Geist Ussery: Panicked, stressed. How do I keep up? How do I do everything that I need to do to keep what I do and the integrity of my work? And so your decisions and choices are made quickly and not soundly. I guess it’s the best way to do it. 

Mel Savage: So you’re in this panic state where your business is doing really well but you can’t keep up. And so you decide to make a huge career decision at that moment.

Geist Ussery: Right. Desperate people do desperate things. That’s always the case. My biggest takeaway from everything is that I made choices out of being desperate and panicked, which I will never, ever do again. Ever.

Mel Savage: So in this case, you decided to get into a business with someone.

Geist Ussery: Right. A partnership. It was based solely on the fact that I needed help. I didn’t need a partner, I just needed to hire people.

Mel Savage: This was an easy solution that came right to you, right?

Geist Ussery: Right. Somebody presented themselves as “Let me help you.” And it was not a very good choice. Those kinds of things, when you do stuff like that, you need to be in a clear place and a clear mind. You don’t need to be making any decisions and choices based on panic, fear, or desperation. 

Mel Savage: That happens so often. I know that you are an entrepreneur and this is what happened to you. But it happens even in the corporate world. Like you are in a job or in an organization where you don’t like what you’re doing and maybe you’ve lost your confidence, or if you’ve lost your perspective, and something shiny comes along. Someone says, “If you’re unhappy, I have this job over here.” Or “You can come to work at this company.” And you take it without thinking about whether it’s the right move for you and your career overall.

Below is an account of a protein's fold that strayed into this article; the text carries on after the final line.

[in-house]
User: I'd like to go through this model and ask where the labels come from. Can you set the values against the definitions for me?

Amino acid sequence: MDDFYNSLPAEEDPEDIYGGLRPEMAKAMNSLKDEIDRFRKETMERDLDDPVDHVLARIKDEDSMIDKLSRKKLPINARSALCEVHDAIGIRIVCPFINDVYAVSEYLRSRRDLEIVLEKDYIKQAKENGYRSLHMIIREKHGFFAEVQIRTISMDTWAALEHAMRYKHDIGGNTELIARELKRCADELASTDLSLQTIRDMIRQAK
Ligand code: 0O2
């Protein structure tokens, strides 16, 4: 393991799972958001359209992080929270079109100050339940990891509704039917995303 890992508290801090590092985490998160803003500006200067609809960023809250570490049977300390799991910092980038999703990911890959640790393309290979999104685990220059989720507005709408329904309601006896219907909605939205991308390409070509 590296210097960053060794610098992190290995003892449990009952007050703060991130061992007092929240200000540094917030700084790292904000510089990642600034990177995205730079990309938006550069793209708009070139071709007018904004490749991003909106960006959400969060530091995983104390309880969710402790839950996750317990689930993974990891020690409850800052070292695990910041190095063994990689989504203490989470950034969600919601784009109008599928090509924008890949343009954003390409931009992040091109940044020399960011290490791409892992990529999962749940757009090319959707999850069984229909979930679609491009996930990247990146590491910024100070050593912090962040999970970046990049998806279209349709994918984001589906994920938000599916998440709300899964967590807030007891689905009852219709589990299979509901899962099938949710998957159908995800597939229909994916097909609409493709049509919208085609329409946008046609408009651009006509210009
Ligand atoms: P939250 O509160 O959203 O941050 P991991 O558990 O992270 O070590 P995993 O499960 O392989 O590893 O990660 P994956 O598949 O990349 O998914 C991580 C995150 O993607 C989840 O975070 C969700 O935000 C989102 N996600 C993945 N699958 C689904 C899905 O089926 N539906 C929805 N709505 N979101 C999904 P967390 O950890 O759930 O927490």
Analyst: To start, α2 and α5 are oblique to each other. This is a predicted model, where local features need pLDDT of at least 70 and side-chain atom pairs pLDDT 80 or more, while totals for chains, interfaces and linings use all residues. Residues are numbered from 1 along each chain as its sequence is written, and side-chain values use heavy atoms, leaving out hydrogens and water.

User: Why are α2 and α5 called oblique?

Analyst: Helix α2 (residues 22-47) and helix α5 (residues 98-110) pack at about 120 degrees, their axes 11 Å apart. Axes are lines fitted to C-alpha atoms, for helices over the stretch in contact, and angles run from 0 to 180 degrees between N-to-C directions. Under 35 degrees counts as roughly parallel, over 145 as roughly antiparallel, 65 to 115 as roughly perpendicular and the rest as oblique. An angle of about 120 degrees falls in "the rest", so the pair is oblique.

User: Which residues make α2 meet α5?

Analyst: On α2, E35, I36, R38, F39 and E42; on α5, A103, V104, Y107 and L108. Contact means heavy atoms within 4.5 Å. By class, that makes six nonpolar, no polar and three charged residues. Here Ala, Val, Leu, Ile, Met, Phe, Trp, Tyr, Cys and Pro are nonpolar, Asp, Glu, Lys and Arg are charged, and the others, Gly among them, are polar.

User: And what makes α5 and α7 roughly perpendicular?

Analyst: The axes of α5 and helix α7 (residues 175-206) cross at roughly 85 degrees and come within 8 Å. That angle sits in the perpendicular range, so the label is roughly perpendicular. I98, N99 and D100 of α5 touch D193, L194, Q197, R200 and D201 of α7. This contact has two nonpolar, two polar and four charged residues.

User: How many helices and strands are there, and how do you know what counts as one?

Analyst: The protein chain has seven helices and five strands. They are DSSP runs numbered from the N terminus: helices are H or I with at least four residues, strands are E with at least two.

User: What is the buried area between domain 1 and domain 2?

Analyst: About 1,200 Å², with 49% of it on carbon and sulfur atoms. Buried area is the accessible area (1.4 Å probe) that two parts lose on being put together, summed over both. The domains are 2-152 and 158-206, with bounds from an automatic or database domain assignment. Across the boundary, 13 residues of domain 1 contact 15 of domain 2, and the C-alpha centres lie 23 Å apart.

Geist Ussery: Yes. You bite.

Mel Savage: You bite because you’re thinking, “Okay, this is easy. I can just do this and try to get out of this bad situation. And I’ll worry about what happens next later.” It’s a very common situation that happens to so many people. You’re freaking out for whatever reason, and then you hope something would happen.

Geist Ussery: You make a rash decision that should not be made. Ever.

Mel Savage: Right. So you got into this situation, which you found out quickly or not quickly that it wasn’t working for you. 

Geist Ussery: Oh, it was quickly. But when you’re knee-deep into something, you’re like, “Oh, God, I got to see this through.” I didn’t trust my decisions or choices at that point anymore. I figured, maybe I was overthinking this and instinctually, I knew immediately that I had definitely made a not-a-very-good choice or decision. But with that being said, all the things that came from it, there were health issues from just being worn out that I guess made me look at things even more. 

Mel Savage: So you figured out this is the wrong situation, but you stuck with it because you got, Okay, I got my big boy pants on. I’m an adult. I made this decision, I’m going to stick with it. So many people stick with it, because they think Okay, I made this decision even though I don’t feel like it’s the right thing for me. What happened to you after that?

Geist Ussery: I stepped away from everything. I turned 50. I had some health issues. I was really unhappy with everything that was going on around me. When you think that you’re being so, as what you would say, measure success is everybody wanting to do business with you, and you’re busy; I didn’t feel successful. So I was like, what the hell is going on here? I am not happy. I should be happy, everybody wants me. I mean, this is what people measure success by. 

A girlfriend of mine, a really, really good friend of mine said, “We’re going to go Greece for your 50th. Are you ready to go?” And I said, “Yeah, I’m going to do that.” I stepped away. I stepped out of the woods, so to speak. I was with really good friends and they were going, “What the hell was going on with you? Where is your head? Where are you?“ More importantly.